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    \$\begingroup\$ As we all want to make our code more efficient or improve it in one way or another, try to write a title that summarizes what your code does, not what you want to get out of a review. \$\endgroup\$
    – Jamal
    Jun 29, 2016 at 16:14
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    \$\begingroup\$ For context, you might want to consider also including additional information such as which code / section of code you're timing, the size of the arrays you're processing, and approximate timings for single/multi threaded runs. As far as the title goes, I think @Jamal was suggesting something more along the lines of 'Multi-threaded function for calculating XXXX' where XXXX is whatever it is your code is actually doing. At the moment, your title is still a description of what you want from the review, not what the code does. \$\endgroup\$
    – forsvarir
    Jun 29, 2016 at 17:40
  • \$\begingroup\$ I still cannot quite tell what this code is supposed to do. You need to provide more context. \$\endgroup\$
    – Jamal
    Jul 7, 2016 at 3:16

2 Answers 2

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How did you time your program?

I ran a modified version of your program (I didn't have "mex.h" so I rewrote the parts that needed it). When I ran your program with 1, 2, and 4 threads, I got the following results:

1 thread  = 9.38 sec
2 threads = 4.93 sec
4 threads = 2.81 sec

So it seems to be working for me. How did you time your program? You may have been using a function such as clock() that measures cpu time across all cores, instead of measuring wall clock time. See this Stackoverflow question for more information on that.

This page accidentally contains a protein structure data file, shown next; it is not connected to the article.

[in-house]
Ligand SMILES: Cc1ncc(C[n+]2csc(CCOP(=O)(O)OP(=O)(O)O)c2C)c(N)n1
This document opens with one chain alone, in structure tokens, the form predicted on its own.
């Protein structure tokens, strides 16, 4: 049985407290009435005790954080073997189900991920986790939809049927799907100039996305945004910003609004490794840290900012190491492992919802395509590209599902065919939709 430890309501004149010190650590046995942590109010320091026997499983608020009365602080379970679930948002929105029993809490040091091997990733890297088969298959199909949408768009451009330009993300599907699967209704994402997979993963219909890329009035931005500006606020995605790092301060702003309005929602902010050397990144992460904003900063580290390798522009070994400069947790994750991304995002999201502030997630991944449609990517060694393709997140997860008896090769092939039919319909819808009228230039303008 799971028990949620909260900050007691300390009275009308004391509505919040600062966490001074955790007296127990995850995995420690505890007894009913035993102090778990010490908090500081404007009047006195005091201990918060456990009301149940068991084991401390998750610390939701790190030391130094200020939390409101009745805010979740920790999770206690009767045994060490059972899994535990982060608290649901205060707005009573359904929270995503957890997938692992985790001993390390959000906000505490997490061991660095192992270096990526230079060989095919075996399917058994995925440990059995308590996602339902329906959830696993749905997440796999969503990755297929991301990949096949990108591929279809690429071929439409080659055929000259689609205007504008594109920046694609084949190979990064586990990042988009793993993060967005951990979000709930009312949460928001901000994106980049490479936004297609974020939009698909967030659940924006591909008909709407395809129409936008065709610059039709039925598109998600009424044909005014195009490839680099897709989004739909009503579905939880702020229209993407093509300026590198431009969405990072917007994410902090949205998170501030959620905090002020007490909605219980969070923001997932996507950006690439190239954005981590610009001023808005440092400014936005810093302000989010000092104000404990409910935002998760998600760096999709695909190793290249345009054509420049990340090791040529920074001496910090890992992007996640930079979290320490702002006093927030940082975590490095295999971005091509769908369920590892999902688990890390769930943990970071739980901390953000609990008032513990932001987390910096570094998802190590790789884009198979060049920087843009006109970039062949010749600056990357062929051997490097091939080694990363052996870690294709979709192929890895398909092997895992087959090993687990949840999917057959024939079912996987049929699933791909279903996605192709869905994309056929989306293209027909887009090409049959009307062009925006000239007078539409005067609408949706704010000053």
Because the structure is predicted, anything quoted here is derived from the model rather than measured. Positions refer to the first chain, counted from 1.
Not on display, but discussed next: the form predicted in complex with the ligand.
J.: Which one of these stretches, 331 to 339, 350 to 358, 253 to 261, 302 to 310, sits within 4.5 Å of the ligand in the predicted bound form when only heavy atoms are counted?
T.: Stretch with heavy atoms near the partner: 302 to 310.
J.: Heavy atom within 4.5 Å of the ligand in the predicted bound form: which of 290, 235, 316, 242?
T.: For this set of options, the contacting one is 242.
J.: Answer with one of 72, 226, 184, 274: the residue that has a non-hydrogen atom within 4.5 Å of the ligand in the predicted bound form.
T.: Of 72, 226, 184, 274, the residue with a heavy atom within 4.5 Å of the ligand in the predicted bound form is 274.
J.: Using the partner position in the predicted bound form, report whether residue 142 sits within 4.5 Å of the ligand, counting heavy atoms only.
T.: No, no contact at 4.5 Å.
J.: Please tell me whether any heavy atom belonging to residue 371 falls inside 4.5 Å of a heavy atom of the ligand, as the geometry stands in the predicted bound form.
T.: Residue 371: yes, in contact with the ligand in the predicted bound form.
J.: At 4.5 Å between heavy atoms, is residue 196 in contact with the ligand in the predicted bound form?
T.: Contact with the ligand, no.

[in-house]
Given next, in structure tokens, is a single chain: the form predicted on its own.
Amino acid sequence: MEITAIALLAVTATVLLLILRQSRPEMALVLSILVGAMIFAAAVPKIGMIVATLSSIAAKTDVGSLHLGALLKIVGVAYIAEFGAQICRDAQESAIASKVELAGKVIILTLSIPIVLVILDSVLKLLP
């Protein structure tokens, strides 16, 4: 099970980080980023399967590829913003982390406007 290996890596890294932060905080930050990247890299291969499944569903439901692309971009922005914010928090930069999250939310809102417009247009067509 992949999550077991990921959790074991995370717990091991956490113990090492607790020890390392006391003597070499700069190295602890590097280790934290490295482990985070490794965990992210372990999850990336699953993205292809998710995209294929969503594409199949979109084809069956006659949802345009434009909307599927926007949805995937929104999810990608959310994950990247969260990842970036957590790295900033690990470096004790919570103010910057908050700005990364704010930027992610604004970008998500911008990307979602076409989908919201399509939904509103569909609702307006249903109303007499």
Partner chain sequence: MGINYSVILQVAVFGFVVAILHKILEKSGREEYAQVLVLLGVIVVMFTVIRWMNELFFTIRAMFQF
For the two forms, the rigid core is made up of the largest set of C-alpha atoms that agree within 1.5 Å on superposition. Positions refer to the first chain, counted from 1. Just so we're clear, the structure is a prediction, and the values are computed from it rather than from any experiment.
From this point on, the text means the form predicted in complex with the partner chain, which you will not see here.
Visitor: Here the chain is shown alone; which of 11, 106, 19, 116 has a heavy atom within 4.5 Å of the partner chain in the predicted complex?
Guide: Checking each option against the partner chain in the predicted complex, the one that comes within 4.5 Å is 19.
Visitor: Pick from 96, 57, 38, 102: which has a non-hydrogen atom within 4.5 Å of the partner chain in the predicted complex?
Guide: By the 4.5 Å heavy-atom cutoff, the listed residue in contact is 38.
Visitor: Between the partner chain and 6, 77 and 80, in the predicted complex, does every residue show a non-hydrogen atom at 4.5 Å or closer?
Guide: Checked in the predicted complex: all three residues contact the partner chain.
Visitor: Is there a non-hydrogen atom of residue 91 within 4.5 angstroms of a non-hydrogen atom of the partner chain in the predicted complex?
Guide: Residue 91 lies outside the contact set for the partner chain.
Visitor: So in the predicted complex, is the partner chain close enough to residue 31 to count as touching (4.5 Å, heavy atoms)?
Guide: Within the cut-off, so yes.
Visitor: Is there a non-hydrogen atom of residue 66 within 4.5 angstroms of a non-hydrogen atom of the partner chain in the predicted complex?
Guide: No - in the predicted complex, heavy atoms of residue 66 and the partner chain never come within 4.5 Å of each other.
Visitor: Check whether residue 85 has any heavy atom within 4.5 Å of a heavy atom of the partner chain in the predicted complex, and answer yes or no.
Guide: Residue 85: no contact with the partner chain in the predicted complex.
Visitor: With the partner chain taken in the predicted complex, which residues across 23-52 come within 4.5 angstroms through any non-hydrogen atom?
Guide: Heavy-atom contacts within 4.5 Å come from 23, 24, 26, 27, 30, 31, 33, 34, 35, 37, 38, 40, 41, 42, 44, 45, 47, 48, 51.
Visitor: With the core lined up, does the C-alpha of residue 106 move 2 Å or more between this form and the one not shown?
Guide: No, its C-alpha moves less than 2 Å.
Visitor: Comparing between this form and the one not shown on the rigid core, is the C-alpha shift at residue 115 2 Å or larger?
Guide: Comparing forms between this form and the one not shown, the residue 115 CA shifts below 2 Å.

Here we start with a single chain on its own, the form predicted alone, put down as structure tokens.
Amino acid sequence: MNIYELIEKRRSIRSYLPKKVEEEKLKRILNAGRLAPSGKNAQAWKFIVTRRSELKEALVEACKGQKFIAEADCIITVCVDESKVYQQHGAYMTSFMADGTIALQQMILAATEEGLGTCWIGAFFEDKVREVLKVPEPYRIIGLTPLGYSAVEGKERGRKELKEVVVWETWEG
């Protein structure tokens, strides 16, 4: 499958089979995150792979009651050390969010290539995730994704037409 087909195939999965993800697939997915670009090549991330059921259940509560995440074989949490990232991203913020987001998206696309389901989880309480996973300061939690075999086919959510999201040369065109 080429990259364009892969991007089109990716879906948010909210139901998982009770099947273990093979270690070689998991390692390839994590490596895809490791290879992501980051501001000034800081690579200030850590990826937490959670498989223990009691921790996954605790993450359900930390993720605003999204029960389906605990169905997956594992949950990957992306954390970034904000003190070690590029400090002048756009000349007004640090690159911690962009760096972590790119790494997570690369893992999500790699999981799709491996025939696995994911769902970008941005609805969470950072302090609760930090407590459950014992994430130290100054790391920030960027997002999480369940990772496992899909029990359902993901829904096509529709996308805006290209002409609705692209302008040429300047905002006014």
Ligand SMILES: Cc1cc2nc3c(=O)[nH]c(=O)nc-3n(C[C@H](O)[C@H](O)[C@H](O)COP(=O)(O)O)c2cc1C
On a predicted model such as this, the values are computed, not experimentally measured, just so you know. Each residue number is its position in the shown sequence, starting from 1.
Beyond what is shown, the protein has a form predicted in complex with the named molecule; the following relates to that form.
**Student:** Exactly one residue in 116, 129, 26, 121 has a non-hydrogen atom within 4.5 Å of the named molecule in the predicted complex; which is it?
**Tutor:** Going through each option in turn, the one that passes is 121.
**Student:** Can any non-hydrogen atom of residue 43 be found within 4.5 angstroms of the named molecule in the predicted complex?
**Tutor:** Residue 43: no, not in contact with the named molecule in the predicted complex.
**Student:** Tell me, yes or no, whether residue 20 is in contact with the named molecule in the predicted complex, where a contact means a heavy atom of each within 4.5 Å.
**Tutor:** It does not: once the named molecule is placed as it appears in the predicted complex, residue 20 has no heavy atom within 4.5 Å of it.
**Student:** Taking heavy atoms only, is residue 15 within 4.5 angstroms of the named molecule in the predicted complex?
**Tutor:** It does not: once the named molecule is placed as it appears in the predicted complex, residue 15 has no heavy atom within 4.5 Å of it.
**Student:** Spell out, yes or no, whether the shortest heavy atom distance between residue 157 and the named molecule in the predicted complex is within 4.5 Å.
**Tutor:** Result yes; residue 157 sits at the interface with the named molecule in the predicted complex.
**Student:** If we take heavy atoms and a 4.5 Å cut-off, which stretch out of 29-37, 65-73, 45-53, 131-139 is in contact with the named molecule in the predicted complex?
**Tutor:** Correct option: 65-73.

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    \$\begingroup\$ mex.h is provided by MATLAB for its native-code interface. \$\endgroup\$ Jun 29, 2016 at 18:27
  • \$\begingroup\$ I recompiled the code on my laptop and it worked as expected - time goes down as threads increase. Previously, I was running the code on a 24 core linux cluster. May be there is something about the way that server is set up. I can check with the system's admin. I am not experienced multithreading and thought I may be doing something bad, which caused the poor performance. I use MATLAB's tic-toc for timing. But also, the multithreading is so slow that it is just obvious without precise timing. The results for some input were 95secs without multithreading and 1111secs with 8 threads. \$\endgroup\$ Jun 29, 2016 at 18:48
  • \$\begingroup\$ @200_success Ah thanks, I've never used matlab before. \$\endgroup\$
    – JS1
    Jun 30, 2016 at 3:21
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After some more Google searching, I found that the fundamental problem is the call to the rand() function. It is not thread-safe as it says here, and then I found this as well.

So, the solution is to use a thread-safe rand_r() function instead. This issue seems to be only on a Linux machine. There is no issue on my MacBook.